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Oil hovers near 2014 peak as geopolitics vye with U.S. supply

Reuters  |  LONDON 

By Cooper

LONDON (Reuters) - held near its highest in nearly three years on Wednesday, supported by political tension in the Middle East, although evidence of rising U.S. crude supply acted as a counterbalance.

Brent crude has gained 5.7 percent this week, rising to $71.34 a barrel on Tuesday, the highest since late 2014, although the price has since fallen back and was $70.98 a barrel by 0907 GMT, down 6 cents.

U.S. crude futures were at $65.55 a barrel, up 4 cents on the day.

The and its allies are considering air strikes against Syrian Bashar al-Assad's forces following a

Pan-European air traffic control agency said late on Tuesday that air-to-ground and/or cruise missiles could be used within the next 72 hours, warning of intermittent disruption of

is not a significant producer, but any sign of conflict in the region tends to trigger concern about potential disruption to crude flows across the wider Middle East, home to some of the world's biggest producers.

There are also concerns that the could renew sanctions against

"The focus right now is definitely on a possible military strike against Syria," said.

"We think the fundamentals do not justify the current price, but unfortunately, the market is focusing more on the and ignoring some of the warning signs, especially the hike in U.S. production."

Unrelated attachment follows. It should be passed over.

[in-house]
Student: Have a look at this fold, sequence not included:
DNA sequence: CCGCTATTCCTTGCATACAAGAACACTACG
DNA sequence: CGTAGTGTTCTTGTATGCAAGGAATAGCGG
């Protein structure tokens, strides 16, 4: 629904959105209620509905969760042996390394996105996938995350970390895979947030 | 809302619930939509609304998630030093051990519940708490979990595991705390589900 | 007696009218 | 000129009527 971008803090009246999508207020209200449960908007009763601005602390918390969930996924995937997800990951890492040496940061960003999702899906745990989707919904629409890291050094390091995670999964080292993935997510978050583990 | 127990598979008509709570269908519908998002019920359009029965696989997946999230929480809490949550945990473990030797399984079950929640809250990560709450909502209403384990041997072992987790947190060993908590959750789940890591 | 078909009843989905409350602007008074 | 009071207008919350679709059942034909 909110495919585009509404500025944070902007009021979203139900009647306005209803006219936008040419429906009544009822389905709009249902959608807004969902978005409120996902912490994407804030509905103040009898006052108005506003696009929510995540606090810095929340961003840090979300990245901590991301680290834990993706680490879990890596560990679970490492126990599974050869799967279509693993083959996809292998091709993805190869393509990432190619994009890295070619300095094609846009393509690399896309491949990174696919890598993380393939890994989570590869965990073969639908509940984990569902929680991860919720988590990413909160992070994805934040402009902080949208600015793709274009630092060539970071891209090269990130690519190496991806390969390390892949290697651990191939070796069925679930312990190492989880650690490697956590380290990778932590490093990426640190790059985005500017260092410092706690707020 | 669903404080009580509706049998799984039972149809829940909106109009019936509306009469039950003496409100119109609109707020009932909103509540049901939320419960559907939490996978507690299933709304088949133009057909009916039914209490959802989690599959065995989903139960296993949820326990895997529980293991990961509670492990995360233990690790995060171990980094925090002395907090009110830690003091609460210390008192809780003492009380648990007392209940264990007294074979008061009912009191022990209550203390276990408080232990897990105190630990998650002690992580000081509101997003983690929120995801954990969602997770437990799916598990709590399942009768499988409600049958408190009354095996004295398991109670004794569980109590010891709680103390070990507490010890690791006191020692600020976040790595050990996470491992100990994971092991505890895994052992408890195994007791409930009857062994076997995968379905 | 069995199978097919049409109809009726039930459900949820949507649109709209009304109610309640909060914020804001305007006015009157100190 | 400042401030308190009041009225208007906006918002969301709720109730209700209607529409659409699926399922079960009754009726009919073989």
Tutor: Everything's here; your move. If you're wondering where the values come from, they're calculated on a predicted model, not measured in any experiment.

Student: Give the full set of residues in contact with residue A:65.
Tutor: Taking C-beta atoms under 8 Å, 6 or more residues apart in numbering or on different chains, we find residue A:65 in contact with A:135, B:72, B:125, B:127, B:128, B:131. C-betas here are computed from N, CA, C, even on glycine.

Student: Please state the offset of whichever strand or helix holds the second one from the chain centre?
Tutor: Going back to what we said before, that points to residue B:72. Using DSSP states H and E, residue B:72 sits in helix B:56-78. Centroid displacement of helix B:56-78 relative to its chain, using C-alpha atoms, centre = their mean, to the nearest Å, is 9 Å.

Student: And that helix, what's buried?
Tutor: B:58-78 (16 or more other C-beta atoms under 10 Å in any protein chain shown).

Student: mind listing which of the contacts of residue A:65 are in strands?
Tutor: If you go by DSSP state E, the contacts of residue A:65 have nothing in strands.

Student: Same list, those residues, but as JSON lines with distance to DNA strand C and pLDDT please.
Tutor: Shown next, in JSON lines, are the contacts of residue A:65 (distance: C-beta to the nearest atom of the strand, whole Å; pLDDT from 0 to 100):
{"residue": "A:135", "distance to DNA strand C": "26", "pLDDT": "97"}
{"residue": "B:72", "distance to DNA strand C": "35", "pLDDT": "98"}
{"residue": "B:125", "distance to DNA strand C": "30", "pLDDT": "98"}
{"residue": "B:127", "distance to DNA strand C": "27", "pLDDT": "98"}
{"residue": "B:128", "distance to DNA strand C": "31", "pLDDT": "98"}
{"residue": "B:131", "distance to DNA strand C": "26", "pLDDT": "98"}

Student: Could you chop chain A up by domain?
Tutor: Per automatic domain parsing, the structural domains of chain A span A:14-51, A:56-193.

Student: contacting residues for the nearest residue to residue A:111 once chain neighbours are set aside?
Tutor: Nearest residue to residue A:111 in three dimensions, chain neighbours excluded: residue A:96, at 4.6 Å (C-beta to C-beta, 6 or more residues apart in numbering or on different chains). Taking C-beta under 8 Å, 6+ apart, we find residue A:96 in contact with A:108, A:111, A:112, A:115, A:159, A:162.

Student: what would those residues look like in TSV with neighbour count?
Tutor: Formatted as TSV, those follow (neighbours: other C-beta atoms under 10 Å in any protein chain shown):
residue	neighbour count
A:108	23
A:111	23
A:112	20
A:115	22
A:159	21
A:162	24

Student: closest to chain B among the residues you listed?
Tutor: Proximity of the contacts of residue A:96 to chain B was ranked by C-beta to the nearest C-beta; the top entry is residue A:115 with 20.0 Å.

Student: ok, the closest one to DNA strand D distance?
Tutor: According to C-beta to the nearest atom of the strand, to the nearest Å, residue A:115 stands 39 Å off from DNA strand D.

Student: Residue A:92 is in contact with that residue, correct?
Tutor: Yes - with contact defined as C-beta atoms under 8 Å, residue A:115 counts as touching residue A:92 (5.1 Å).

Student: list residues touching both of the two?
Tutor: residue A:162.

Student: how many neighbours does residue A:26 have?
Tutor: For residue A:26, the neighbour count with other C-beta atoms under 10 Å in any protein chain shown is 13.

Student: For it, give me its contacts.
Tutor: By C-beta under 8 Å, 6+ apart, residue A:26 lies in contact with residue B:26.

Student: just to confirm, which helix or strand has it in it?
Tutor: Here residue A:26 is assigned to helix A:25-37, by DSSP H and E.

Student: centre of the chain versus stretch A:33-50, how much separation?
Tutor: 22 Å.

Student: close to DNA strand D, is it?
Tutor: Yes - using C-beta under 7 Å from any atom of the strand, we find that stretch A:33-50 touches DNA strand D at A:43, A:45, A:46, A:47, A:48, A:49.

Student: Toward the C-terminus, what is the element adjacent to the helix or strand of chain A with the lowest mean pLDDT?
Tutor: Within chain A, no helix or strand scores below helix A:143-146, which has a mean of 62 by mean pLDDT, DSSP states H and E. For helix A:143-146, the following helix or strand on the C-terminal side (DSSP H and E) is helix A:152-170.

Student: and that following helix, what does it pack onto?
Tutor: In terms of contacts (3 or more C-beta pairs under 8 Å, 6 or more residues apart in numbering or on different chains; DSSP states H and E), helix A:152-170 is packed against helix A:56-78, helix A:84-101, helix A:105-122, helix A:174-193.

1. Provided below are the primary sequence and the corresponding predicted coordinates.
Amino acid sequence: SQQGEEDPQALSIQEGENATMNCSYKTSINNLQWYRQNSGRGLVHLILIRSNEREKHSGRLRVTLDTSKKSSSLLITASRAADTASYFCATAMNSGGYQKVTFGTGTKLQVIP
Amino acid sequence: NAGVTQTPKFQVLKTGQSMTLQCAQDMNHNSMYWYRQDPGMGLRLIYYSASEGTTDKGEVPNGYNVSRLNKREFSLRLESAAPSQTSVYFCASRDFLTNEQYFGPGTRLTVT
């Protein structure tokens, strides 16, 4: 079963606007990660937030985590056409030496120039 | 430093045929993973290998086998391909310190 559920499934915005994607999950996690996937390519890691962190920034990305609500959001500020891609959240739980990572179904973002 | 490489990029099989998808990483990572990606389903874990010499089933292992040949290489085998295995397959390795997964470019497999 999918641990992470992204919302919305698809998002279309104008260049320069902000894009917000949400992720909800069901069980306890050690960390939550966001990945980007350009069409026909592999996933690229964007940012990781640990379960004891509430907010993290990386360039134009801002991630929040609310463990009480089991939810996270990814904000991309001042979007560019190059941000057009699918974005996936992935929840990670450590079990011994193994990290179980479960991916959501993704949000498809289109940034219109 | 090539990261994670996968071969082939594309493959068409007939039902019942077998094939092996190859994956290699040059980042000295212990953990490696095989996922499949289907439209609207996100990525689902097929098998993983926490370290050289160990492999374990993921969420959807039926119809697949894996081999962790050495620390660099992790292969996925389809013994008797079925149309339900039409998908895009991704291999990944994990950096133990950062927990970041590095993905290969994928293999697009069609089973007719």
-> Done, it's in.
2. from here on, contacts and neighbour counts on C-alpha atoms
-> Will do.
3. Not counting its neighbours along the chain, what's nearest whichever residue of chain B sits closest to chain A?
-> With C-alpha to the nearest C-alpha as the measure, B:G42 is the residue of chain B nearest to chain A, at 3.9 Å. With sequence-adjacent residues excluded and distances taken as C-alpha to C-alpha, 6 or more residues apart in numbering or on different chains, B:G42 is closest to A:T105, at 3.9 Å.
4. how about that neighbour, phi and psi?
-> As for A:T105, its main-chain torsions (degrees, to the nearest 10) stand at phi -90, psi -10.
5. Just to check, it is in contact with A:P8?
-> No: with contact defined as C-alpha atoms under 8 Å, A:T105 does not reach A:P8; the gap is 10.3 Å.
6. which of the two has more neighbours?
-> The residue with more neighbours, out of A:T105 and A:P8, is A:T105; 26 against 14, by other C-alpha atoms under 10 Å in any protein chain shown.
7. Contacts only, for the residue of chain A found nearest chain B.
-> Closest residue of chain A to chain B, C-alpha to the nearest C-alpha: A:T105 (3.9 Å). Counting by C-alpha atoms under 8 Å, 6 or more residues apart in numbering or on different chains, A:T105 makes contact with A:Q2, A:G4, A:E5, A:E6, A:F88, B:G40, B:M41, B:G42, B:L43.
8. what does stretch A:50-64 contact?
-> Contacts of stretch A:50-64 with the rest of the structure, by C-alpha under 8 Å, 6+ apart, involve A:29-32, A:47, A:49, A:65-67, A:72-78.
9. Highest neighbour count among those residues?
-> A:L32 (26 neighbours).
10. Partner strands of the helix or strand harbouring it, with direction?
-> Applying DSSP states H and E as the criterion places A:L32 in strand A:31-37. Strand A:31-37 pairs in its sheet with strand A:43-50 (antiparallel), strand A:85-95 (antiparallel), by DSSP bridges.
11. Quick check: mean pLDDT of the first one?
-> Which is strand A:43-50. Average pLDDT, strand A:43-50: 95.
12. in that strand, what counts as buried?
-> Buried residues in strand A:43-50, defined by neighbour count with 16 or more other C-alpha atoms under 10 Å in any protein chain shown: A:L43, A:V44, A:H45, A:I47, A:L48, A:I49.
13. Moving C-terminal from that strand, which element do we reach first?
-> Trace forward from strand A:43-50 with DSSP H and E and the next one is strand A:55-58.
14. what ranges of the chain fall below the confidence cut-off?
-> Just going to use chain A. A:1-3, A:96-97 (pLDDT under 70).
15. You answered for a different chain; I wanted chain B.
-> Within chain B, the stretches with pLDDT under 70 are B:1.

Chinese on Tuesday sounded a conciliatory note on trade, which soothed some of the concern about an all-out trade conflict between his country and the United States, after both countries imposed tariffs on key imports, which in turn has also supported this week.

"We have upped our Brent forecast to $67.50 a barrel, from $66 in our last price update in February. We see price risks to the upside on geopolitical risk," said in a note.

said on Wednesday his country would not sit by and let another supply glut surface, implying that the of the Organization of the Petroleum Exporting Countries (OPEC) would continue to withhold supply.

Not all market indicators suggest the price will continue to rally strongly, analysts said.

U.S. crude inventories rose by 1.8 million barrels in the week to April 6 to 429.1 million, according to a report by the (API) on Tuesday, compared with analysts' expectations for a decrease of 189,000 barrels.

The (EIA) said on Tuesday that it expects domestic production in 2019 to rise by more than previously expected, driven largely by growing U.S. shale output.

(Additional reporting by in SINGAPORE; Editing by Jane Merriman)

(This story has not been edited by Business Standard staff and is auto-generated from a syndicated feed.)

First Published: Wed, April 11 2018. 16:42 IST
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